We continued walking down the road and it got a bit hairy as cars and trucks started to pass through. Further down the road, the traffic was banked up again. There had been a mild land slide and one lane of the narrow road was covered in rocks and dirt.

I think I reached Parapat at around 3:00pm after being picked up from my place at 9:00am in the morning from Medan.

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Indonesian muslim cleric detained for marrying 12-year old girl

pujiono-cahyo-widiantoA muslim cleric has been detained by police for marrying a 12 year old girl in central Java. Cleric Pujiono Cahyo Widianto, 43 has been detained along with the girl’s father.

An AP article says the man intended to marry two other girls aged 7 and 9.

“This is pedophilia … pure and simple,” said Arist Merdeka Sirait, secretary general of the National Commission for Children’s Rights, who praised the police action. “We aren’t living in the Stone Age here, we have to protect our children against these kinds of things.”

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Upcoming elections – what are they all about

On April 9 there will be an election to choose the members of parliament with the presidential election on July 8th.

Indonesia only had its first direct elections for president since 2004.

Not surprisingly, most people I have spoken to in Indonesia are pretty cynical about the whole process. The current president is President Susilo Bambang Yudhoyono who is a member of the Democrat Party.

One of the biggest issues is corruption in the government. Indonesia ranks 126th on the Corruption Perception Index. Ahead of Cambodia, the Philippines and Laos, but behind Nigeria and Ethiopia.

Religion will also be a key issue in the elections, with some parties pushing for Indonesia to become an Islamic state.

Indonesia has cancelled a scheduled football (soccer) match with New Zealand, because of security concerns with the election.

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Islamic books sell like hot cakes: Jakarta Post

The Jakarta Post reports that Islam books were the “surprise” best sellers for many bookstores at the 8th Islamic Book Fair.

Somehow that doesn’t seem to much of a surprise to me. I like one of the comments on the article: “Hmmmmm…. Islam books were the hot sellers at an Islamic Book Fair…..Imagine that…. I’d imagine that at a cake sale, cakes would be a hot seller as well.”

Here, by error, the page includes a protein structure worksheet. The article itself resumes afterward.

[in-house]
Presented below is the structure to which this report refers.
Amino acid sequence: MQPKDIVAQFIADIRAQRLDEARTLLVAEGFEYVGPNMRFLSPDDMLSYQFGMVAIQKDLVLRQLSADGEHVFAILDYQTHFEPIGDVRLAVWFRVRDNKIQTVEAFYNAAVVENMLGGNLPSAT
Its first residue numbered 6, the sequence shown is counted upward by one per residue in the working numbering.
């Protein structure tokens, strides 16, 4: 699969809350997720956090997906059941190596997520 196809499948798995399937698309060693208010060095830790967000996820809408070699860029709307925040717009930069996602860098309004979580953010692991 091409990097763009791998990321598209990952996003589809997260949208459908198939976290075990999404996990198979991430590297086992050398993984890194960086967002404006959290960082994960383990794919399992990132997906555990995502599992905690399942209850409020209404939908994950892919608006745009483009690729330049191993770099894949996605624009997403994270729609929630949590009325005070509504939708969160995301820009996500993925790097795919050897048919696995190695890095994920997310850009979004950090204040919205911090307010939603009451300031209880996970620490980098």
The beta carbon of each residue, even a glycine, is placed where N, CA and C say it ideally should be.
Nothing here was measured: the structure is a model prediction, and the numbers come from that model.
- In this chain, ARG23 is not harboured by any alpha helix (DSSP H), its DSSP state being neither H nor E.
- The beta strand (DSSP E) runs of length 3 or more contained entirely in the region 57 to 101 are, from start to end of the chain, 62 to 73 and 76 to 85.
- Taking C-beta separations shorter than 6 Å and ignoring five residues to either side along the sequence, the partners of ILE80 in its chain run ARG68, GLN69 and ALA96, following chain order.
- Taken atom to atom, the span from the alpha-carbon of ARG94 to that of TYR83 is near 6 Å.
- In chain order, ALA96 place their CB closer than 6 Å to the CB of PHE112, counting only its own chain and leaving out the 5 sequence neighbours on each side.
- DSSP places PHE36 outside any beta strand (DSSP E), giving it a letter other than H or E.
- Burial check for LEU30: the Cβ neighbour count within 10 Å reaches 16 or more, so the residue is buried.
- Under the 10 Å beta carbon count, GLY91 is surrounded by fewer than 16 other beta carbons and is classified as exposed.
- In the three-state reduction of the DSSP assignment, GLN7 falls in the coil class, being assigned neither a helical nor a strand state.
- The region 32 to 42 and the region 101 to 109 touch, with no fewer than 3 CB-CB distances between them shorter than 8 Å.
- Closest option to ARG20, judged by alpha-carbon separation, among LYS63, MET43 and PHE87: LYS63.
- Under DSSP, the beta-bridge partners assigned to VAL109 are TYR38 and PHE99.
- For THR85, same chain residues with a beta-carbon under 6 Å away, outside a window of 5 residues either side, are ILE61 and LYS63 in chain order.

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The week that was

I haven’t felt well this week after coming back from Bukit Lawang, so I didn’t do as much as I would have liked on the blog.

It is getting closer to the elections here and every channel on television has non-stop reporting and debating – pity I can’t understand anything.

Here are some stories that I wanted to write about but didn’t get the chance.

Christianity Today who obviously have their own agenda, but I thought they had a good article on the spread of Shari’ah law in Indonesia, something which worries me about the country.

Legislation in Padang requires both Muslim and non-Muslim women to wear headscarves, while a law in Tangerang allows women found “loitering” on the street after 10 p.m. to be arrested for prostitution.

Five Indonesians made it onto the Forbes rich list. Brothers Michael Hartono and Budi Hartono are owners of the country’s second-largest cigarette company РDjarum. Just as most developed countries are banning cigarette smoking from all public places, it is still fine in Indonesia to chain smoke clove cigarettes on public buses.

Indonesian President Susilo Bambang Yudhoyono fell ill with a stomach upset. And presumably after he got better, he had a call from President Obama where they discussed education, health care, climate change, counterterrorism -and bird flu.

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Australia to open disaster center in Jakarta

Just as I wrote the other day that the Australian government didn’t seem to be working much with Indonesia and now I read that Australia is working to create a disaster center in Jakarta.

The prime minister told reporters that a study by Australia and Indonesia found that half the world’s megacities are in locations vulnerable to earthquakes, and issues like climate change, urbanisation and poor land use were exacerbating the impact of other natural disasters.

“Also our region is subject to intense volcanic activity and now we see the consequence increase storm activity and with greater intensity,” Rudd told reporters. “With natural disasters, none of us can predict who will be the next victim, who will be hit next and often there is so little notice when they come.”

Australia has pledged to spend $67 million on the center over a period of five years. It is good to see the two governments co-operating on new projects. The center seems like a reasonable idea, but then you start to think that the money could be better spent in other areas, and even as Rudd says it is impossible to predict where or when the next disaster is going to happen.

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Buddha bar forced to close in Jakarta

buddha-bar-restaurantBuddhist college students have forced the newly established “Buddha Bar” to close, demanding the bar change its name. The Jakarta Post reports:

“We’ve sealed the Buddha-Bar and it will remain closed until the matter is resolved. The management team has also agreed not to open the bar,” Indonesian Buddhist Students Association (AMB) representative Widodo said, as quoted by kompas.com.

“The bar itself is also filled with Buddhist symbols and artifacts. Its presence is offensive to the Buddhist community in Indonesia.”

The bar is part of a chain of restaurants with businesses in “London, New York, Dubai, Sao Paulo, Kiev, Cairo and Beirut.”

I can understand the problem the students might have with the bar, but the question is, why is it only in Indonesia that the bar has caused controversy.

“Buddha Bar” is also the name of a music CD compilation and there is a Buddha bar also in Australia that is not part of the aforementioned chain.

I really wonder if it would raise an eyebrow if they opened a branch in Thailand which is 94.7 per cent Buddhist.